Only a few studies have investigated the association of multimorbidity and loneliness. Stickley and Koyanagi have shown that a higher number of physical diseases is associated with elevated odds of loneliness in the general population in England . Similar results were reported for populations in Israel as well as Canada and Australia [18, 19]. Another study found that the number of illnesses is significantly associated with loneliness in U.S. adults .
The importance of disentangling the association of multimorbidity and loneliness lies in the severe and wide-ranging consequences of both conditions. Similar to multimorbidity, loneliness has been linked to all-cause mortality [21,22,23] and has been identified as risk factor for myocardial infarction and strokes . In addition, loneliness seems to worsen cardiovascular and mental health outcomes  and also quality of life is negatively affected by loneliness . Likewise, social networks and social exclusion have been linked to health outcomes. Social exclusion is associated with poor self-rated health and depression in old age . Furthermore, a longitudinal study by Cantarero-Prieto and colleagues showed that socially isolated people have a higher probability of being diagnosed with three or more chronic conditions . A larger social network, a somewhat more objective measure , is associated with a reduced risk of subsequent mortality in older women . Compared to loneliness, very little literature exists that investigates the association between multimorbidity and social exclusion or network size. It has been reported that individuals with four or more chronic illnesses are more likely to have limited social networks compared to individuals with one or less chronic conditions  and some studies have shown that deteriorated health is associated with social exclusion [31, 32]. Due to the serious health consequences of loneliness, social exclusion and lacking social networks it is important to identify those who are affected. By assessing potential risk factors it is possible to gain more insight on populations at risk. Studies examining the relationship of multimorbidity and loneliness, social exclusion or network size are scarce. Hence, it is the aim of this study to examine the association between multimorbidity and loneliness, social exclusion and network size in a nationally representative sample.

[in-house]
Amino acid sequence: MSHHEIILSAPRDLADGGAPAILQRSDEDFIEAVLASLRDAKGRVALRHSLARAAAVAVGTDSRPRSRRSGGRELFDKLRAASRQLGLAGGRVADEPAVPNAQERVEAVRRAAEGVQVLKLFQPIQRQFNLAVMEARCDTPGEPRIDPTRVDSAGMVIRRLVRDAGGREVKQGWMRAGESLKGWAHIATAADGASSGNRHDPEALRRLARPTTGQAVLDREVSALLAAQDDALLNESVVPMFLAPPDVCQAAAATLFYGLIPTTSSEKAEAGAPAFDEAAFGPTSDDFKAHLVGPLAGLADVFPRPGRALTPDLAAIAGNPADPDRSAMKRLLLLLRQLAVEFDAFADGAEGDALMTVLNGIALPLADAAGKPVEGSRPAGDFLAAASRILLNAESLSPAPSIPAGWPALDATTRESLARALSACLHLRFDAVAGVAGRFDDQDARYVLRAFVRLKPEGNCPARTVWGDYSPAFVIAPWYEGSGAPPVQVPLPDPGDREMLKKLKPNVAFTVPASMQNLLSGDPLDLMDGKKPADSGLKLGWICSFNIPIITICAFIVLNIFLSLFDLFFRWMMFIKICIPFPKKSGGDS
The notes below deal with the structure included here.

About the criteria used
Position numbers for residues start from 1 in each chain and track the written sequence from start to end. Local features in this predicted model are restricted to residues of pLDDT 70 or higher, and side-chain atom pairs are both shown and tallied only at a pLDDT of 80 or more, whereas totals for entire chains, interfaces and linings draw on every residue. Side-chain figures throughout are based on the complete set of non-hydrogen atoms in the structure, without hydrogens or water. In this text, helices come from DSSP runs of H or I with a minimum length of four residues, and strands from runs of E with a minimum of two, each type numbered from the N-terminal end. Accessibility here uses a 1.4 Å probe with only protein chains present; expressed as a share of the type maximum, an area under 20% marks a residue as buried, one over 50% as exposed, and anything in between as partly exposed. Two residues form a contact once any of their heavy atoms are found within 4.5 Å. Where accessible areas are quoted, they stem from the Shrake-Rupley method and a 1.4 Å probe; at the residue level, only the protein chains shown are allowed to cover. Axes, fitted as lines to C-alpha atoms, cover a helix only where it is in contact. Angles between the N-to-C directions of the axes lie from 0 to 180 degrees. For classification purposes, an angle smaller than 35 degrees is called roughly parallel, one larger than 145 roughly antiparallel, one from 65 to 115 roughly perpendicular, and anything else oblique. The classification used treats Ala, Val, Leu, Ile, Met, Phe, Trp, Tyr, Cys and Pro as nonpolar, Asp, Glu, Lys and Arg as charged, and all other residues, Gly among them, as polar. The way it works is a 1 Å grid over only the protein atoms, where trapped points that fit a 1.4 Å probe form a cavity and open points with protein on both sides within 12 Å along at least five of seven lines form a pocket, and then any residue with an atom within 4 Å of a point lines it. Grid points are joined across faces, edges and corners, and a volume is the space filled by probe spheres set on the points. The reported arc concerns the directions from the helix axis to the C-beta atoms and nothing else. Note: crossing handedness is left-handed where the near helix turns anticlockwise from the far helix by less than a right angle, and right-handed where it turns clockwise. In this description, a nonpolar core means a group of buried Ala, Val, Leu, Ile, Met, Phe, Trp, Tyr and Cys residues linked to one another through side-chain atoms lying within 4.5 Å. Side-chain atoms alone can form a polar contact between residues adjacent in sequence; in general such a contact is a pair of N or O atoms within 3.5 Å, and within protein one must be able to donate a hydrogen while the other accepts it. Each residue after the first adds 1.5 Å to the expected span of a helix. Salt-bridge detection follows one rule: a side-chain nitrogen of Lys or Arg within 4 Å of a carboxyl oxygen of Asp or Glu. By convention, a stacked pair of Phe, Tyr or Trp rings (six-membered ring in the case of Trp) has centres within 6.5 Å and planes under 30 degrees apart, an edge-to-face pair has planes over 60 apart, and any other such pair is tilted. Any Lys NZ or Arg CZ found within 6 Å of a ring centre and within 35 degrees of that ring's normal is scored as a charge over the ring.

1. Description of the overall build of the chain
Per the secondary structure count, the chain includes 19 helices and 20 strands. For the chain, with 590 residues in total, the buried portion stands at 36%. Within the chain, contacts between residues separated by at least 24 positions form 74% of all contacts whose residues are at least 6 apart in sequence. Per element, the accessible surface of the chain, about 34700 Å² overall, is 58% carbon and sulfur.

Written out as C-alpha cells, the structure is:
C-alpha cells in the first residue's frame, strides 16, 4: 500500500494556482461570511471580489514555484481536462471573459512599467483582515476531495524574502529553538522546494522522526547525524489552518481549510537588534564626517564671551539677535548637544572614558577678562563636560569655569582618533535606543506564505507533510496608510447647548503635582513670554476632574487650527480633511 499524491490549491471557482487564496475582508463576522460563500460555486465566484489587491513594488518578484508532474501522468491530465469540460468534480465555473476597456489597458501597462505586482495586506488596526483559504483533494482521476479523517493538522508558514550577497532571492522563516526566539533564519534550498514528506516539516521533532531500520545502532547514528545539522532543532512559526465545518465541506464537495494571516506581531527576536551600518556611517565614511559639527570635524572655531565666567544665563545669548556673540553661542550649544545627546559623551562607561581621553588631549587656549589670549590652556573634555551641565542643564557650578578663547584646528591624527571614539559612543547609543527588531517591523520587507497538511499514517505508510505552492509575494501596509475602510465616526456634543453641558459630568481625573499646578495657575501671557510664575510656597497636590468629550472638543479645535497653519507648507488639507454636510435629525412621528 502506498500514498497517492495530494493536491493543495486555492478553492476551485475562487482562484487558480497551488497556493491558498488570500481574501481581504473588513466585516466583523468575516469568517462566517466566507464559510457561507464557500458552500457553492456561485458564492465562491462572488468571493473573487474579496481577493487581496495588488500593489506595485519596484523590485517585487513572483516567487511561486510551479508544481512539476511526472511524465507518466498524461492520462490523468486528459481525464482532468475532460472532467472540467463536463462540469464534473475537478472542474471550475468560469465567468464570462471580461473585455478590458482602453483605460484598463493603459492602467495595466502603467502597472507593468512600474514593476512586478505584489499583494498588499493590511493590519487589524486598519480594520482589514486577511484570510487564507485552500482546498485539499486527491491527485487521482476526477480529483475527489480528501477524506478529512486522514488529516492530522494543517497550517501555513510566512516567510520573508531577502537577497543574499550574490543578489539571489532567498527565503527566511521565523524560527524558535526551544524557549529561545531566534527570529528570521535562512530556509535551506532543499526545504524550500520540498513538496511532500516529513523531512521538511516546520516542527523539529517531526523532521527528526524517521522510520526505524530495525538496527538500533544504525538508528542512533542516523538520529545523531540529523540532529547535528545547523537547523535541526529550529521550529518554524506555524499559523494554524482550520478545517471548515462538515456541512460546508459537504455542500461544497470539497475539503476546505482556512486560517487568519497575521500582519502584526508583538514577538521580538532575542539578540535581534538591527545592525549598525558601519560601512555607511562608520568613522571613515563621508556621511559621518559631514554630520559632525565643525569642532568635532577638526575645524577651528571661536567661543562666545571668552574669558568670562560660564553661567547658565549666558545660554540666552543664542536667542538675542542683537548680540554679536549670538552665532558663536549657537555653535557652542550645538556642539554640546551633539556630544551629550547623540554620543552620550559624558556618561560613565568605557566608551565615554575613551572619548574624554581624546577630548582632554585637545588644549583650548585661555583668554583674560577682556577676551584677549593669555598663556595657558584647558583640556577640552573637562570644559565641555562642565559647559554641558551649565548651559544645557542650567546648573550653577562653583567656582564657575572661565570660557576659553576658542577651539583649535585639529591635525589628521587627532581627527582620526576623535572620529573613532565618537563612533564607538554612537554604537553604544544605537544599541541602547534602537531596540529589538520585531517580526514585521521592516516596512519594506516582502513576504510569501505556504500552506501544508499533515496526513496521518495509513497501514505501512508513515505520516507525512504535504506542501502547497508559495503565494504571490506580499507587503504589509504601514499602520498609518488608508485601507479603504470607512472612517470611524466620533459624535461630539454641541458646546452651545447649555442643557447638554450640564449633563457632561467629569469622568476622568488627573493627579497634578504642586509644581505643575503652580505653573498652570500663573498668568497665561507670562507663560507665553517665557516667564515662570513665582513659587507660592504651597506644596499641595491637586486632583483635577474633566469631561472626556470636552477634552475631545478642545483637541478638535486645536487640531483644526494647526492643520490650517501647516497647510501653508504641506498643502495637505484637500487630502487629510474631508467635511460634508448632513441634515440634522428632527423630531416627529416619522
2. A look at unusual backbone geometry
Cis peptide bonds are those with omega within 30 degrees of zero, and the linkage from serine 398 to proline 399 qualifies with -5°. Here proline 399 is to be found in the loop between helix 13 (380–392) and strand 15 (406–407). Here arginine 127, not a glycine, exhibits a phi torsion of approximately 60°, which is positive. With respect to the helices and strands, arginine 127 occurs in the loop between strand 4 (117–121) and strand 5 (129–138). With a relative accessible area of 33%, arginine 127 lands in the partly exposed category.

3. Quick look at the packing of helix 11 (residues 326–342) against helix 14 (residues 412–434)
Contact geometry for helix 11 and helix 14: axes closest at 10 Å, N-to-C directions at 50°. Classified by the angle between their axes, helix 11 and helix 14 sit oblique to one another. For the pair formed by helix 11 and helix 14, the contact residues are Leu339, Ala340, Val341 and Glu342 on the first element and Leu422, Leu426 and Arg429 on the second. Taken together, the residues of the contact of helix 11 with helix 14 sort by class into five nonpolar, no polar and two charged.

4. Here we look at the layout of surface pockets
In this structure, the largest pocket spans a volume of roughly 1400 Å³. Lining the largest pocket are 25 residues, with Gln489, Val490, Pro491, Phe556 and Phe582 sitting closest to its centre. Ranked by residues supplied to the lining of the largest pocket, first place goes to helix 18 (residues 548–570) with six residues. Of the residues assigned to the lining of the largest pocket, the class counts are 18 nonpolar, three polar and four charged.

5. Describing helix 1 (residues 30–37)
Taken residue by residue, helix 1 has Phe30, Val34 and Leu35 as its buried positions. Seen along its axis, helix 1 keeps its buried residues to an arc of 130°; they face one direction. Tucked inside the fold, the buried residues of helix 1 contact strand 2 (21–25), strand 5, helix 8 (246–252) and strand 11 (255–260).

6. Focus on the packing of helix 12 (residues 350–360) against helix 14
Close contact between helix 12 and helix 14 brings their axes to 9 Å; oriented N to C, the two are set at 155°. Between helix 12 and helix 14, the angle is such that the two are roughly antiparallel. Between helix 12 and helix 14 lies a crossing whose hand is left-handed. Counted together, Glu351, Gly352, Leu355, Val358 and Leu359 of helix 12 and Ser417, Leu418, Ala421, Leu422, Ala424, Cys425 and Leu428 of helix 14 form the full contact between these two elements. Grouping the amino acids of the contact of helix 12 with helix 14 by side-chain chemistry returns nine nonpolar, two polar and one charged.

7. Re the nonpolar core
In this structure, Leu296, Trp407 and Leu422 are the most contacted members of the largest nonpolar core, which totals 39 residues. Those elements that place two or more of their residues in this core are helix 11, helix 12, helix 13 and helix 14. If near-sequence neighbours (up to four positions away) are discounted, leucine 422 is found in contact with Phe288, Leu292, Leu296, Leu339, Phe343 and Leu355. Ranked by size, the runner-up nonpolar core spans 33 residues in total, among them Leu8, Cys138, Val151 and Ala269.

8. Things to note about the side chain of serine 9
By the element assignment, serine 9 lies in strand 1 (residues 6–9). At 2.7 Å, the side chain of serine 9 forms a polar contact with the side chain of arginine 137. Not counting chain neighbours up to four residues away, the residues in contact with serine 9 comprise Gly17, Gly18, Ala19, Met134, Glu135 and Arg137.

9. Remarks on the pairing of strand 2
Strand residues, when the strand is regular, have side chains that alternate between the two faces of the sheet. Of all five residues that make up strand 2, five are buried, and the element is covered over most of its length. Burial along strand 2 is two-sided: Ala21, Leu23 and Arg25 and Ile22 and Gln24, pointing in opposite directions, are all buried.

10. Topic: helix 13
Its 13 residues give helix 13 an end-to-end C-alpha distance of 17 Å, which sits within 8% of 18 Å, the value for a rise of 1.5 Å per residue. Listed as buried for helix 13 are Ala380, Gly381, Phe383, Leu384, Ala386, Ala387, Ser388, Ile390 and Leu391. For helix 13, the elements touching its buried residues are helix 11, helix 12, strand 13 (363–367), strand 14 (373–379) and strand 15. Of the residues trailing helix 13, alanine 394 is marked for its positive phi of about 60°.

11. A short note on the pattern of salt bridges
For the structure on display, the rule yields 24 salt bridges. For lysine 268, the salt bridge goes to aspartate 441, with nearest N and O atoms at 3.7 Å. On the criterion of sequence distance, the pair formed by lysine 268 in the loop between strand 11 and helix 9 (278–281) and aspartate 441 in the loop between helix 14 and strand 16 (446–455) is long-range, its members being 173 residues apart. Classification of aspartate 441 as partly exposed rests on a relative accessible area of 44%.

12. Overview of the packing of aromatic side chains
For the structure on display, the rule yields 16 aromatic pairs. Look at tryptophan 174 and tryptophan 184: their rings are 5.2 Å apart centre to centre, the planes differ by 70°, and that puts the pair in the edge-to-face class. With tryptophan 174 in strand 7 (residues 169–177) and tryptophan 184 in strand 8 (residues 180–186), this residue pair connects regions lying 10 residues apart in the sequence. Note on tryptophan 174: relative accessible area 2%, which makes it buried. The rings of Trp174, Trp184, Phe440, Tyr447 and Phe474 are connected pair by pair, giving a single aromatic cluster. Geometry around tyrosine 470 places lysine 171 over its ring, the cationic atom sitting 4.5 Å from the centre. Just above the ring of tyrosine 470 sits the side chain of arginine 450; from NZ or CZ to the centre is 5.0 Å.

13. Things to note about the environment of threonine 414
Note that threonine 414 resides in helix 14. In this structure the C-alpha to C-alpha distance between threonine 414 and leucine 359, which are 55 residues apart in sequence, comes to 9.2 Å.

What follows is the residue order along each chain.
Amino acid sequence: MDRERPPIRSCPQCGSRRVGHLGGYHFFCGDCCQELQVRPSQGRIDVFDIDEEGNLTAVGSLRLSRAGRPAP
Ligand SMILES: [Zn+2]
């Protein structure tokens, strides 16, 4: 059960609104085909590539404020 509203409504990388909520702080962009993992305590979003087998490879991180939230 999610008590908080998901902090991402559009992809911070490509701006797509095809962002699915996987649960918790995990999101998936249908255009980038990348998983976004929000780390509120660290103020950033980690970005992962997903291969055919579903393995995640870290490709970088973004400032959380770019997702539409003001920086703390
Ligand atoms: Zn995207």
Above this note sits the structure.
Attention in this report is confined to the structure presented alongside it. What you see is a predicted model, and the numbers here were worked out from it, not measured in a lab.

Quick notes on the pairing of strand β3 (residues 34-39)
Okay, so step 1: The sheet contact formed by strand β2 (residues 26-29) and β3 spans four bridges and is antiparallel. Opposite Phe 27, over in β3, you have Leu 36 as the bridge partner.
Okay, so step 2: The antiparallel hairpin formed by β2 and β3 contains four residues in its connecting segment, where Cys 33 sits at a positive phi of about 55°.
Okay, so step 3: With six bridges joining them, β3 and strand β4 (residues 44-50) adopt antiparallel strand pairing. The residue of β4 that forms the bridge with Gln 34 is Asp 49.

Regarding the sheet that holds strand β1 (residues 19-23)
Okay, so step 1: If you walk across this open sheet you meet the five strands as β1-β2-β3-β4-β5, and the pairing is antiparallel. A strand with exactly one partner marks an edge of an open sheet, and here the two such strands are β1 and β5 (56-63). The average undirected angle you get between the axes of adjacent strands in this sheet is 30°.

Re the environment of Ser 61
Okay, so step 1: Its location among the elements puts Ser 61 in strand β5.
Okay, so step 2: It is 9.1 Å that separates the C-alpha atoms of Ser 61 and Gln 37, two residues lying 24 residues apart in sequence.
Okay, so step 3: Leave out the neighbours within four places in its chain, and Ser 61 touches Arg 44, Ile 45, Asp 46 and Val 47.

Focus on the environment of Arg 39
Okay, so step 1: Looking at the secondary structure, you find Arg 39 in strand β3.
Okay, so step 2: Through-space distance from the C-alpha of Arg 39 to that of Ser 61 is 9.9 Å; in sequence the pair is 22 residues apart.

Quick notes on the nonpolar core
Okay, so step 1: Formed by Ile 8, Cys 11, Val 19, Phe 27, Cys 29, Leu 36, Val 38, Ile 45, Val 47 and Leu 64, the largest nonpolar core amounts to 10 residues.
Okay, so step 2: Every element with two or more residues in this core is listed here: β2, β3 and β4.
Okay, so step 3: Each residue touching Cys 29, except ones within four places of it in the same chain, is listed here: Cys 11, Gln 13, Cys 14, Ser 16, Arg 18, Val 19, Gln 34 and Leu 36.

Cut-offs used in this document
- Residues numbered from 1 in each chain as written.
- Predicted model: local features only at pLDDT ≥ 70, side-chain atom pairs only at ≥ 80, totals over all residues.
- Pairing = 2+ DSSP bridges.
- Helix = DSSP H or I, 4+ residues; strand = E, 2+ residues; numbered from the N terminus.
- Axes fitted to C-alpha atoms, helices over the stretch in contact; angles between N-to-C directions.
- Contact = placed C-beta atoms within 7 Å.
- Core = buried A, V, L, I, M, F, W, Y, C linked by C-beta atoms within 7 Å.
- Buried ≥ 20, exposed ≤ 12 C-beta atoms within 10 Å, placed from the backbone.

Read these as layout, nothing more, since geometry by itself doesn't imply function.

By including additional outcomes of social relationships, compared to solely examining loneliness, this study provides a more detailed insight to the association of multimorbidity and inter-personal outcomes.
This study used data from the German Ageing Survey (DEAS) which is a national representative longitudinal survey of community-dwelling Germans aged over 40. With a cohort sequential design the first survey wave took place in 1996 covering 4838 individuals. Subsequent waves followed in 2002, 2008, 2011 and 2014, which are referred to as second, third, fourth and fifth wave, respectively. Second, third and fifth waves included panel samples, following up on individuals who have previously been interviewed as well as newly recruited baseline samples. As an exception, the fourth wave only followed up on respondents from the previous waves and did not recruit new respondents. The response rate for the baseline sample in 2014 was 27.1%. For the first, second and third wave the retention rates for the year 2014, i.e. the valid interviews in the panel year as a proportion of valid interviews in baseline wave, were 18.3, 28.1 and 41.4%, respectively. For more information see Klaus et al. . The analytical sample included individuals who responded to the fifth DEAS wave (2014). Both previously interviewed respondents (panel sample, n = 4322) and newly recruited participants (baseline sample, n = 6002) were included. The final analytical sample comprised 7604 individuals, excluding those participants with missing data for loneliness, social exclusion and/or network size.
This study has a cross-sectional study design as perceived social exclusion was only measured in the fifth survey wave (2014).
All study participants gave informed written consent. The German Centre of Gerontology in Berlin, who is responsible for DEAS, did not apply for an ethic vote because according to criteria an ethical statement was not needed.